As this week’s FG shows, there is apparent demand among UK farmers for genetically modified (GM) crops and the ability to use gene editing techniques.
But with a consumer base growing increasingly wary of some forms of modern agricultural production, what would the reaction be at retail level?
I ask because as Boris Johnson was making his proclamations about GM last week, I was on a trip around eastern Canada with a levy and lobbying organisation called Grain Farmers of Ontario.
With almost all Ontario’s maize being GM and much of its soybeans too, GM techniques are simply seen as another item in the farmer’s toolkit for them to deploy as they see fit.
With soybeans there is a clear divide between the GM varieties which go mainly for animal feed, and the non-GM varieties which are increasingly heading for export to countries in Asia for products such as Tofu.
Yet among Canadian consumers there is a growing, albeit small, group which is backing ‘non GMO’ labelling on food products and is led by the Non-GMO Project.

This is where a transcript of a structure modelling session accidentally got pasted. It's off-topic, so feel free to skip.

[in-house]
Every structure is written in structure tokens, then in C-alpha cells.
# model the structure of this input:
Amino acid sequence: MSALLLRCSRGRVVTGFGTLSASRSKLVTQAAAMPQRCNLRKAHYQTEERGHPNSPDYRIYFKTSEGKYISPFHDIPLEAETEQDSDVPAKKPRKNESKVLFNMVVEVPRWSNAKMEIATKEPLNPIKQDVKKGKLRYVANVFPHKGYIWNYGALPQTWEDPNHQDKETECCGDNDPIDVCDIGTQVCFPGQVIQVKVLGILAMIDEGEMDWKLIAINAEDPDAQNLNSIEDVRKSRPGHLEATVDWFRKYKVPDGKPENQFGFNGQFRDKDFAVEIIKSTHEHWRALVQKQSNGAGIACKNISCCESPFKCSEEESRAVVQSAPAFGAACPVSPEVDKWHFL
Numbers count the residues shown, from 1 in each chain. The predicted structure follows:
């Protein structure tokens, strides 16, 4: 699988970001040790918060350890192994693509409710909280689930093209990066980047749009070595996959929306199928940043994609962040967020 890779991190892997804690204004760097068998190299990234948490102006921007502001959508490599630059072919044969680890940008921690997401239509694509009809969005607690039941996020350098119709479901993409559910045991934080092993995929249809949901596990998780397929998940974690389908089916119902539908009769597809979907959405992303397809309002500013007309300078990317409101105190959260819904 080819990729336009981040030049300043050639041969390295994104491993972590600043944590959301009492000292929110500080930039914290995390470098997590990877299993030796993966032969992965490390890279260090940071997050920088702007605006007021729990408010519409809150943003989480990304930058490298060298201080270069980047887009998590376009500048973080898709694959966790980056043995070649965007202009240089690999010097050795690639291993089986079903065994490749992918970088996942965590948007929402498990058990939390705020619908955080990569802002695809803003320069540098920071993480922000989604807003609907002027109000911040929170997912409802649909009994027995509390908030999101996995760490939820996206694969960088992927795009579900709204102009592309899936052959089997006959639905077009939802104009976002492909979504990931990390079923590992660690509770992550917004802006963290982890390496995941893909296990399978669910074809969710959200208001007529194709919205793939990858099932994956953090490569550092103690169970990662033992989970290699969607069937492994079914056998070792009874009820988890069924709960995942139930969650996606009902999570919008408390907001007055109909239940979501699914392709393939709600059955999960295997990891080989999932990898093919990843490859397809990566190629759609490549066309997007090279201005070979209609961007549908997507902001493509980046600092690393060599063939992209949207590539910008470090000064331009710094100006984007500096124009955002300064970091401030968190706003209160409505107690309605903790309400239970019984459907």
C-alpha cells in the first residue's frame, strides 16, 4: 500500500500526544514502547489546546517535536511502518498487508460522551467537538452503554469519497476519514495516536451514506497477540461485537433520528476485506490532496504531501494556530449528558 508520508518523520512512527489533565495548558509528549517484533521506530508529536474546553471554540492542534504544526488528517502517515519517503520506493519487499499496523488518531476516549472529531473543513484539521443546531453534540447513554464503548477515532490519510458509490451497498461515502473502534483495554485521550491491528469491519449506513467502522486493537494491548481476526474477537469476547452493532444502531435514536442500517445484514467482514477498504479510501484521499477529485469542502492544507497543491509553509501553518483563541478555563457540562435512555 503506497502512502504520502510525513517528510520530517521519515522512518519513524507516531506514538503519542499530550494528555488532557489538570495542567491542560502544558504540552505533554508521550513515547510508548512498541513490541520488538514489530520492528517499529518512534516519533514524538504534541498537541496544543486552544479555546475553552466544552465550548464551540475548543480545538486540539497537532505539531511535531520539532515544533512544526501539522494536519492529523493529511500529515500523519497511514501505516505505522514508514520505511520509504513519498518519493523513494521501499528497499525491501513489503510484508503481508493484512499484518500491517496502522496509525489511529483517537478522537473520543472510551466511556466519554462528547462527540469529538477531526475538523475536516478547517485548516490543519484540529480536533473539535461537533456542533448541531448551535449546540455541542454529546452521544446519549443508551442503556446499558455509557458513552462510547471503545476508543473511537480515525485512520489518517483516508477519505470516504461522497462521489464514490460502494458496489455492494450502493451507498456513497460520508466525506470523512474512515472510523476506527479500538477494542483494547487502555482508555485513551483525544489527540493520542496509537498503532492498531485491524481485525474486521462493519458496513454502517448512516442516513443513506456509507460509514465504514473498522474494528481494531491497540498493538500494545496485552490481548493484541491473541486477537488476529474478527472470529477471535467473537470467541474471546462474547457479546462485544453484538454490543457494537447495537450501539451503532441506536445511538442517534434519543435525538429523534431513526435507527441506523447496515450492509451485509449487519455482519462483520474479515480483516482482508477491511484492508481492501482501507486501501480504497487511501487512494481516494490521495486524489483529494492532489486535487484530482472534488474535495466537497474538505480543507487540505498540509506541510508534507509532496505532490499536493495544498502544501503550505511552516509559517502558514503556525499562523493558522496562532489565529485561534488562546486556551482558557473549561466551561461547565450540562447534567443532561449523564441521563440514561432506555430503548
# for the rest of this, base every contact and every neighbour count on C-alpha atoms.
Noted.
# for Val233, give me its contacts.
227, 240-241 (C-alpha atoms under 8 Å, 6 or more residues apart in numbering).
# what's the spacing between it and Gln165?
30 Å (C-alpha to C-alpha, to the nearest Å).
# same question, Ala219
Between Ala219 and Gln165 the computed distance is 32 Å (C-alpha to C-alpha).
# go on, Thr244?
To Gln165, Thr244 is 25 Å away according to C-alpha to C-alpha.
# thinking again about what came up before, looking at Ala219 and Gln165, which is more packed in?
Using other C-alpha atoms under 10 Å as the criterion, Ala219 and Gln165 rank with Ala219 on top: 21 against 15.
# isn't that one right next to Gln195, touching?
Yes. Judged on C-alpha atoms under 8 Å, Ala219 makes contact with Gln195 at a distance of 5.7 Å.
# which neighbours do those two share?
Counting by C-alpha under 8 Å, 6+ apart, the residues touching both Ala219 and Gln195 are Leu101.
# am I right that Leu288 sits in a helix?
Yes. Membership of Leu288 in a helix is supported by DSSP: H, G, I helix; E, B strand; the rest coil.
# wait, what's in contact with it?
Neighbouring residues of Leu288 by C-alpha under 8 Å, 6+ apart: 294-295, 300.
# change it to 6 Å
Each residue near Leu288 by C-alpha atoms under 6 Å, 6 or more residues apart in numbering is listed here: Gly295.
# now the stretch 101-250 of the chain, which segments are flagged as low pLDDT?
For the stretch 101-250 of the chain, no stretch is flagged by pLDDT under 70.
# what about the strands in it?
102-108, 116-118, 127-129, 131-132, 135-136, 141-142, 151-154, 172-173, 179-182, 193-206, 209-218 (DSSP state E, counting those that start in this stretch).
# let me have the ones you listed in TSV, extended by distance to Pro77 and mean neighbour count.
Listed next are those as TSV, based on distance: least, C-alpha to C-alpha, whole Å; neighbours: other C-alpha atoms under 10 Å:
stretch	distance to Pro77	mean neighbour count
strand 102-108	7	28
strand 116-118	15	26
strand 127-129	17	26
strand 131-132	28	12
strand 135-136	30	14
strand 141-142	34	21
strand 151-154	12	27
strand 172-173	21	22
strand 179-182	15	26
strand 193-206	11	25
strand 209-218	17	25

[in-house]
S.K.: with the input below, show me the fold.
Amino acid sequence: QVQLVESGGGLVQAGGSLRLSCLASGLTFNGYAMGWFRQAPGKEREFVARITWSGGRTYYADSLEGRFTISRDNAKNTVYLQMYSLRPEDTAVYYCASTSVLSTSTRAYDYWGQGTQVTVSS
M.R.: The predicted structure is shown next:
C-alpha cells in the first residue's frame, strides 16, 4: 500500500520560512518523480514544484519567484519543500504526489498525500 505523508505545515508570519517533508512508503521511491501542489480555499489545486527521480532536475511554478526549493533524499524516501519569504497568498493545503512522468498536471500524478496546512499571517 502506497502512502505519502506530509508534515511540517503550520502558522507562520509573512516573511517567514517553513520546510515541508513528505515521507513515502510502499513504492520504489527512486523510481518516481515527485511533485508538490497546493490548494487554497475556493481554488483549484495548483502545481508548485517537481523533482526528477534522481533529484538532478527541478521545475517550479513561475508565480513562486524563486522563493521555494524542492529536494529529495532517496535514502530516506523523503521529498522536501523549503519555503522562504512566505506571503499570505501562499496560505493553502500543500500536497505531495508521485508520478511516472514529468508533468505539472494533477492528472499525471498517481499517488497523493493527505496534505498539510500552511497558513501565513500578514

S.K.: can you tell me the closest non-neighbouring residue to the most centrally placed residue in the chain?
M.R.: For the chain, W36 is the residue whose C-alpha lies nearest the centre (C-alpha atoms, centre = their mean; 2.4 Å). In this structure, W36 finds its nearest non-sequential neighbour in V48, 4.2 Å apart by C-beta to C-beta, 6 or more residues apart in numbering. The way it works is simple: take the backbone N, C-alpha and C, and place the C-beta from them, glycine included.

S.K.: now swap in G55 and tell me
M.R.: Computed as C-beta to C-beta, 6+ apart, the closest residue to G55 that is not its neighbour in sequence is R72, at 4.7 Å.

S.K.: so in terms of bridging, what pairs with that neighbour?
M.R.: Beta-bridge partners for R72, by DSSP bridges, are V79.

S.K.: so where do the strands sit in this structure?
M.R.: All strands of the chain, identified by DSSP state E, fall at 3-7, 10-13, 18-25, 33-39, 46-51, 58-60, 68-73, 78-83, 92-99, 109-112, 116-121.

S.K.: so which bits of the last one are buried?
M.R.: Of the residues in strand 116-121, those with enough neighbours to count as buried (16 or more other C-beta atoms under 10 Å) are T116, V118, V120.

The label has even appeared on bottled water, believe it or not, and while in its early stages, it goes to show the divide among consumers about how the technology is viewed.
Given UK consumers’ sensitivity to food production methods, it could be feasible that such a split would occur over here. And while that should not deter us from exploring and even embracing these technologies, it would be another hurdle to overcome on the road to acceptance.
It also poses a question for our exporters. Does the UK want to commoditise and grow cereals that are part of the GM pack on a global level, or does it want to differentiate itself with niche products for more discerning markets.
With much of the rest of the world’s attitude to GM exposing the EU’s anti-tech mindset, this is another area potentially impacted by Brexit; but whether consumers share Mr Johnson’s approach, especially when applied to their food, only time will tell.